"IDA" - polish cinema

  • August 1, 2014 · 6:30 PM
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From acclaimed director Paweł Pawlikowski (Last Resort, My Summer of Love) comes Ida, a moving and intimate drama about a young novitiate nun in 1960s Poland who, on the verge of taking her vows, makes a shocking discovery about her past...

This for the discount price of $8, details available after having RSVP'd otherwise click HERE to request the info.

http://youtu.be/i_vrlpWB4Vo

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  • Jean

    I was deeply touched by the movie Ida. Don't we all have to make some life changing, BIG decisions, at some point in our lives? Decisions that really impact our future?
    It is interesting to consider if we come from fear of the unknown or from confidence and inspiration when we make such choices.....Hmmmmmm......I wonder which kamp was tugging at the habit or our little Jewish nun when she made her decision to return to the convent?

    1 · August 2

    • Anabella

      How was the museum after the movie?

      August 2

    • Jean

      Hi Anabella, I am answering your question in a public forum because I want to let everyone know that the exhibit at the Bass Museum celebrating the work of the African artist El Anatsui is incredibly wonderful and everyone should see it! The quality of the work is just fantastic. I enjoyed my visit very much and if you happen to go on a Bass after Sunset Friday when the Bass is open till the late hours of the night, you will also get free cocktails and meet amazingly interesting people. :)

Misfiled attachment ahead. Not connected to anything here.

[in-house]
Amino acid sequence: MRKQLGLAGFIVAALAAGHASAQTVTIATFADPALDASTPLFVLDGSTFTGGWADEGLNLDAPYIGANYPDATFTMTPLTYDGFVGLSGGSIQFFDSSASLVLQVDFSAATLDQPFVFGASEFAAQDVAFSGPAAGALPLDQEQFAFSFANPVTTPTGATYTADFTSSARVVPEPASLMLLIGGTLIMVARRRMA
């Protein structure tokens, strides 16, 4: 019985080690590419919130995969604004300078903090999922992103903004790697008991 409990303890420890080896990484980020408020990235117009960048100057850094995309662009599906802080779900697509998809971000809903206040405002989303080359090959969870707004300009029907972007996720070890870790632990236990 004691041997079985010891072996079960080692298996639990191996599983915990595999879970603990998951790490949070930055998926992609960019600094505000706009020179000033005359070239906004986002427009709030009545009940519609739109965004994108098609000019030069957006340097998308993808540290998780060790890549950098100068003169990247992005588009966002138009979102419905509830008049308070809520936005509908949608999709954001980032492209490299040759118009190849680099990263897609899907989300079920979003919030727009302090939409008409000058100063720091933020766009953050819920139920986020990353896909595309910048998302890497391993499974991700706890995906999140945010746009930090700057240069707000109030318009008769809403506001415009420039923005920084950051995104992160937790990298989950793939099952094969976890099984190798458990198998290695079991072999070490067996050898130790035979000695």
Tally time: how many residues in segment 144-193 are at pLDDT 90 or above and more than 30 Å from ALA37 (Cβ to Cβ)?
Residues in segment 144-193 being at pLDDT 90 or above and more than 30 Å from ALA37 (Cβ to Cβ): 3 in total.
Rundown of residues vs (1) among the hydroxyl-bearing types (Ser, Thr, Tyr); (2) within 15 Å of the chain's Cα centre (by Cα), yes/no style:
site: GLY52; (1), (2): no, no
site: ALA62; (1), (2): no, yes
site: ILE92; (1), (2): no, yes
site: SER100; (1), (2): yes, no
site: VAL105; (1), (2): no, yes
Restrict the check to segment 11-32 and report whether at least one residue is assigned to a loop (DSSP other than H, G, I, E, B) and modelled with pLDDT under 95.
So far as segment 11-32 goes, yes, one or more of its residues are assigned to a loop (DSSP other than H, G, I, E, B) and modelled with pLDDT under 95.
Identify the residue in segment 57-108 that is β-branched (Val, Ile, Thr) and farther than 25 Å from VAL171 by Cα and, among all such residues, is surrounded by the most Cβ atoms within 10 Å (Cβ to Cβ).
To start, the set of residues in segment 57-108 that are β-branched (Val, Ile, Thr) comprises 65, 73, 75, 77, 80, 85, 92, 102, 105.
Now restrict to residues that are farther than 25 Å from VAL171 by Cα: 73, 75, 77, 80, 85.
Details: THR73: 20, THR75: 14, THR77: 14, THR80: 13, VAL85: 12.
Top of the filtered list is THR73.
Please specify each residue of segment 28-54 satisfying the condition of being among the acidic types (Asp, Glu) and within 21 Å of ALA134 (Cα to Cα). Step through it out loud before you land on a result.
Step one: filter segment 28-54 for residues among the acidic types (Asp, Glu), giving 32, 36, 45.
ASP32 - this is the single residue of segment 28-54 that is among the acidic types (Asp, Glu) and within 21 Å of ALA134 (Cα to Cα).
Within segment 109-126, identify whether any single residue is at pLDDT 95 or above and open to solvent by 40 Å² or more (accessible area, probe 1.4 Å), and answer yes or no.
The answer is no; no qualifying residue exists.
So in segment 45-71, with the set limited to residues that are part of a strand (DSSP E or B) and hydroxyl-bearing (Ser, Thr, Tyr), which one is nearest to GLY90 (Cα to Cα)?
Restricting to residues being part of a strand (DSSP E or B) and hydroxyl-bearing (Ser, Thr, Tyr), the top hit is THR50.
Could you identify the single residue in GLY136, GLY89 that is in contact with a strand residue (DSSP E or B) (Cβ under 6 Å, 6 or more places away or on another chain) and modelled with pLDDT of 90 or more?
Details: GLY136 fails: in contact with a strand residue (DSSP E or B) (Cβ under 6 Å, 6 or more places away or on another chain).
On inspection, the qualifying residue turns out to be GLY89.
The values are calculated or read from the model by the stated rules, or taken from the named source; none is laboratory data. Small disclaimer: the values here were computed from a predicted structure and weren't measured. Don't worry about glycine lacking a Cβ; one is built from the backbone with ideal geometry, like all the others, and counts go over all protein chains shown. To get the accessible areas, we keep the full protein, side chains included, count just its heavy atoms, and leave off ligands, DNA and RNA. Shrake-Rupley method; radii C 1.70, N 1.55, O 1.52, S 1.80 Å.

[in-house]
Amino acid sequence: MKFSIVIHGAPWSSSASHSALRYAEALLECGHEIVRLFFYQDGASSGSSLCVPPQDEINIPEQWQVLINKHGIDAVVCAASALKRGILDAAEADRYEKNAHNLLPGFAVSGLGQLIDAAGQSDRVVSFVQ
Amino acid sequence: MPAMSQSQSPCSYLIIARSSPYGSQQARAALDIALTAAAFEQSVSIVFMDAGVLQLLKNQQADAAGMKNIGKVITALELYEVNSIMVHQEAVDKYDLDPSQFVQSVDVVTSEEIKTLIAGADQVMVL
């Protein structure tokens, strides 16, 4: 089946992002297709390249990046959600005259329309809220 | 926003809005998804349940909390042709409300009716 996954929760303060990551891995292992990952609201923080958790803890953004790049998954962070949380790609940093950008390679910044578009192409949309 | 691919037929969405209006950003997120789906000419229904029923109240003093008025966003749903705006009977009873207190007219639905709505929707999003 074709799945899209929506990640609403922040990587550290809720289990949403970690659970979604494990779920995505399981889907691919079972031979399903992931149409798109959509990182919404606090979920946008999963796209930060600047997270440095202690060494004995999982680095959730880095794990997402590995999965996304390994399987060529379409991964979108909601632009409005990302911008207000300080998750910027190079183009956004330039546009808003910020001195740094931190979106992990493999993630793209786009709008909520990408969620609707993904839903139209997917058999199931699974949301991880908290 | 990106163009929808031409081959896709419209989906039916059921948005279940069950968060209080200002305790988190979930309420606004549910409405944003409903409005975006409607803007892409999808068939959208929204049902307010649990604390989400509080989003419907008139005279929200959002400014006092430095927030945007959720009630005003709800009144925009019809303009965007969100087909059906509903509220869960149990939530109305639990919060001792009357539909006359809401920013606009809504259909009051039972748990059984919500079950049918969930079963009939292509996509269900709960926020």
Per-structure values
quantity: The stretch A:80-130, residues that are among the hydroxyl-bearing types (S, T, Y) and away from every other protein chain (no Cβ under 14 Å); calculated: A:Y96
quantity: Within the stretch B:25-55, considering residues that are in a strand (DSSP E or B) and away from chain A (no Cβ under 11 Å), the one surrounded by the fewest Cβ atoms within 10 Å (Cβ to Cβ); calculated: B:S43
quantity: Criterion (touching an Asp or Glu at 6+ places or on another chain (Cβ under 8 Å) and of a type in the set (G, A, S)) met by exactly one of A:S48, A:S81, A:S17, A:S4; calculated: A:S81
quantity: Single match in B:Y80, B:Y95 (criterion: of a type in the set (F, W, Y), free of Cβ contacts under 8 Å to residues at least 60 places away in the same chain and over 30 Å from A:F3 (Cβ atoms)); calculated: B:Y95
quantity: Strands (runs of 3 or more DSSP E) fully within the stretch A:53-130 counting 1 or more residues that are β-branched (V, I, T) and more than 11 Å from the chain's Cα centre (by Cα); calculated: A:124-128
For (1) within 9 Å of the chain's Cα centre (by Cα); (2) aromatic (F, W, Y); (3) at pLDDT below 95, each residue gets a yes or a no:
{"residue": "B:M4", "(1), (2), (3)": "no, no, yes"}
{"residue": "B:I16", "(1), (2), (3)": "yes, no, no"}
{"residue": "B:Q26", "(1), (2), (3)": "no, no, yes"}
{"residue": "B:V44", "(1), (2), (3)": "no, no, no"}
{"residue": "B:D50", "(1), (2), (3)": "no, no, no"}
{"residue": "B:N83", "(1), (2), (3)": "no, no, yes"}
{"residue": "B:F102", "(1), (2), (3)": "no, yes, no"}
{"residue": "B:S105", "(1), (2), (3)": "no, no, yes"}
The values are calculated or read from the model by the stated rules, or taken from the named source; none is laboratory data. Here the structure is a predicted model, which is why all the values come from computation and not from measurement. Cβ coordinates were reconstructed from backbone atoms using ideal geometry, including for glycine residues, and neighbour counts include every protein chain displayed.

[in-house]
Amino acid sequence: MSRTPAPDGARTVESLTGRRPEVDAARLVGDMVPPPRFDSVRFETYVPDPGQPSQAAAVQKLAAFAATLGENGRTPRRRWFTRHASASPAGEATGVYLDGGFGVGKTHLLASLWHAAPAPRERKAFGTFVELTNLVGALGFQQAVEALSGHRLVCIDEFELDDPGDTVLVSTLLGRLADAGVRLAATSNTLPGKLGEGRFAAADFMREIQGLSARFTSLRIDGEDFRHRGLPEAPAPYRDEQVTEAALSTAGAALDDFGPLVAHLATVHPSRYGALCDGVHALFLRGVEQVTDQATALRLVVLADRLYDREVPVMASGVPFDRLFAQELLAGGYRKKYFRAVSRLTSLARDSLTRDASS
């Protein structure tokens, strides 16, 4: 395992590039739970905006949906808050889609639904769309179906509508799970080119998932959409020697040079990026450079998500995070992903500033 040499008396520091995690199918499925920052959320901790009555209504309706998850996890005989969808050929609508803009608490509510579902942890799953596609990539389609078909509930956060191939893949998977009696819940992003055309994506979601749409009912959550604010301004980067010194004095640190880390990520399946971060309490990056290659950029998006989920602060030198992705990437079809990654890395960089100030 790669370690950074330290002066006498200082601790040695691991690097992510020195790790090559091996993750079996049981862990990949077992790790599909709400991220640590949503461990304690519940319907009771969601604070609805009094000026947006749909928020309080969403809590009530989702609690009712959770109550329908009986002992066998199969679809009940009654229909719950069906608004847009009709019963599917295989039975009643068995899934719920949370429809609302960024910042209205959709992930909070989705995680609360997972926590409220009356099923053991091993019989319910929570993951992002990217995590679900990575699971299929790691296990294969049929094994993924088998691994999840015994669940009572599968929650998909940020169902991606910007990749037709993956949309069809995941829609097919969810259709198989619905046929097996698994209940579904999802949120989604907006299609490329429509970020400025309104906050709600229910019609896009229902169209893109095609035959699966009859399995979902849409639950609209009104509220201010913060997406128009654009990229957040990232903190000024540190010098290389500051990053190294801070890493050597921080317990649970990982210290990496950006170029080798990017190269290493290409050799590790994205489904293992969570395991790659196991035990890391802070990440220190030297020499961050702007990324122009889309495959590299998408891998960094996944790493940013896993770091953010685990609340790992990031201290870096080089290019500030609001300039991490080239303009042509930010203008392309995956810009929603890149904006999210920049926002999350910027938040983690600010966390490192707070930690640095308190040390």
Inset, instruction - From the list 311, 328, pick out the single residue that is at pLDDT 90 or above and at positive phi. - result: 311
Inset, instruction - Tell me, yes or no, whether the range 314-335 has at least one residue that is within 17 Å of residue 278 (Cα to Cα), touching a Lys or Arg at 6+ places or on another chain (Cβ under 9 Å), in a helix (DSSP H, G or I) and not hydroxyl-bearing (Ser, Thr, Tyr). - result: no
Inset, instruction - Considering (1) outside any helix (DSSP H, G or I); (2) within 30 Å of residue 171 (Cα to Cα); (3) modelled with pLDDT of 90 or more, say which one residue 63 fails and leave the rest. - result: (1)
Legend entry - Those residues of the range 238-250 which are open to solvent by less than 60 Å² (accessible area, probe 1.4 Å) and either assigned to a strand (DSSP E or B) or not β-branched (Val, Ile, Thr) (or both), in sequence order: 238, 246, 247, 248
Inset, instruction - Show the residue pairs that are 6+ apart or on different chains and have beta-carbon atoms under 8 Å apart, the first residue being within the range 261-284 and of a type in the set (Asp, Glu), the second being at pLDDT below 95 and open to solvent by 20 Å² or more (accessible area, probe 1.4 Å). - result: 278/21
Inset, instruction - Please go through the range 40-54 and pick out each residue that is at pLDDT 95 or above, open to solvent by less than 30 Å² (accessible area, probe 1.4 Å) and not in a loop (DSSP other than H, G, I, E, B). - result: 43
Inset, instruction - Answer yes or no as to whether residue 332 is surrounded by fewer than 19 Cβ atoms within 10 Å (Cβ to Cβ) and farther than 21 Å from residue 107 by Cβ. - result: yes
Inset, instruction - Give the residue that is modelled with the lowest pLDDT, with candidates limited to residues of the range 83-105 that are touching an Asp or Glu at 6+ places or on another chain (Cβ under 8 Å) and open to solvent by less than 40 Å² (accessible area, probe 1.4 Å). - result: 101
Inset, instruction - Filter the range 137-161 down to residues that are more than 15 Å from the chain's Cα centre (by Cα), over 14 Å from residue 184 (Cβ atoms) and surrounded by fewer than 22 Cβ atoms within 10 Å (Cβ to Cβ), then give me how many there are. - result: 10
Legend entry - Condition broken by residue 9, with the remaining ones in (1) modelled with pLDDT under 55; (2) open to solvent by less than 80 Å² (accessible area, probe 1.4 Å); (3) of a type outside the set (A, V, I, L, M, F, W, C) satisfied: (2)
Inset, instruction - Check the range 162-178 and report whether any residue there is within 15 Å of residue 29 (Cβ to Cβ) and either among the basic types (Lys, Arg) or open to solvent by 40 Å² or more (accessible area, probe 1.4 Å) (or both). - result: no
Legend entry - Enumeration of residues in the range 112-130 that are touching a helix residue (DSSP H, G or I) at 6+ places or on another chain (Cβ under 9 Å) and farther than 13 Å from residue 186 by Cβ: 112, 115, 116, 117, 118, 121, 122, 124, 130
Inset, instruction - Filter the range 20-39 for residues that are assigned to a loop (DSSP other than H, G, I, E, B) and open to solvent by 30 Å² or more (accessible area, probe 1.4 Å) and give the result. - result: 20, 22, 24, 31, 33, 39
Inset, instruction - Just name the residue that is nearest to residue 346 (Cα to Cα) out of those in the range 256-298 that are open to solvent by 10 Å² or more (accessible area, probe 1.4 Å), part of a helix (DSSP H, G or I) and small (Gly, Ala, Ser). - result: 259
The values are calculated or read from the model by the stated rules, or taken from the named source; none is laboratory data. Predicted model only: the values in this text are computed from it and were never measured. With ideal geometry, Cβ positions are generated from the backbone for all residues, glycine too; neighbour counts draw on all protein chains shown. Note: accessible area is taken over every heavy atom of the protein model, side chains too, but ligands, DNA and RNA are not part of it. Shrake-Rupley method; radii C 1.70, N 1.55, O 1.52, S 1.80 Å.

1 · August 2

  • david

    I found the movie excellent. This is how I see it. The real story it is not the Nun’s but Wanda’s. It is the story of a woman that first gets devastated by the Holocaust that takes away her sister Roza and then grows disappointed by the ideology that she so passionately had embraced to rebuild her own country. As she realizes that Communism ( that she helped establish to the point of being called “Red Wanda”) rather than fueling growth and welfare negates freedom and represses people’s aspirations she starts drinking and in the end commits suicide. I think the story of the nun is an excuse to portray Poland’s social and political contradictions during the sixties. However Ida’s situation (a Jew that ends up being a catholic nun, thorn between her vocation and the pleasures of a normal life) reinforces the sense of confusion that Poland experienced during this time of disillusionment and perfectly serves the purpose. Photography was fantastic.

    August 2

  • George

    My first Polish movie, excellent.

    August 2

  • Anabella

    Great movie though something missing for me..

    August 2

  • G

    Powerful film, and a work of art when it comes to the directing/cinematography/camera shots/camera angles... any still from any moment of this film is worth being exhibited at a major museum and/or gallery, truly outstanding. Great performances too. And its subject matter, POIGNANT. Religion... it's a state of mind, it is NOT who we really are, we're not born with any particular religion...

    4 · August 2

    • Ferdinand

      Amen to that :)

      August 2

    • Anabella

      I agree with G. The story was super powerful and looking at each individual section of the movie it was amazing. However, looking at the final product for me there was a "but" that didn't leave totally astonished by it and I don't know what it is. Certainly worth seeing . Religion...also agree with G, though it may have a huge impact in our lives, not so much as belief as it might be for principle, but that should not control who we are...

      August 2

  • Cristina

    I'm stuck at work still, I'm not sure I'll make it on time!! :-(

    August 1

  • Ivonna

    Hey G! Glad you were able to organize it (I figured out it will be Ida). I'll let my Polish friends know.

    1 · July 27

    • G

      Yes let's make it a Polish night!

      July 27

  • Janet

    saw this movie it's excellent makes you wonder

    1 · July 24

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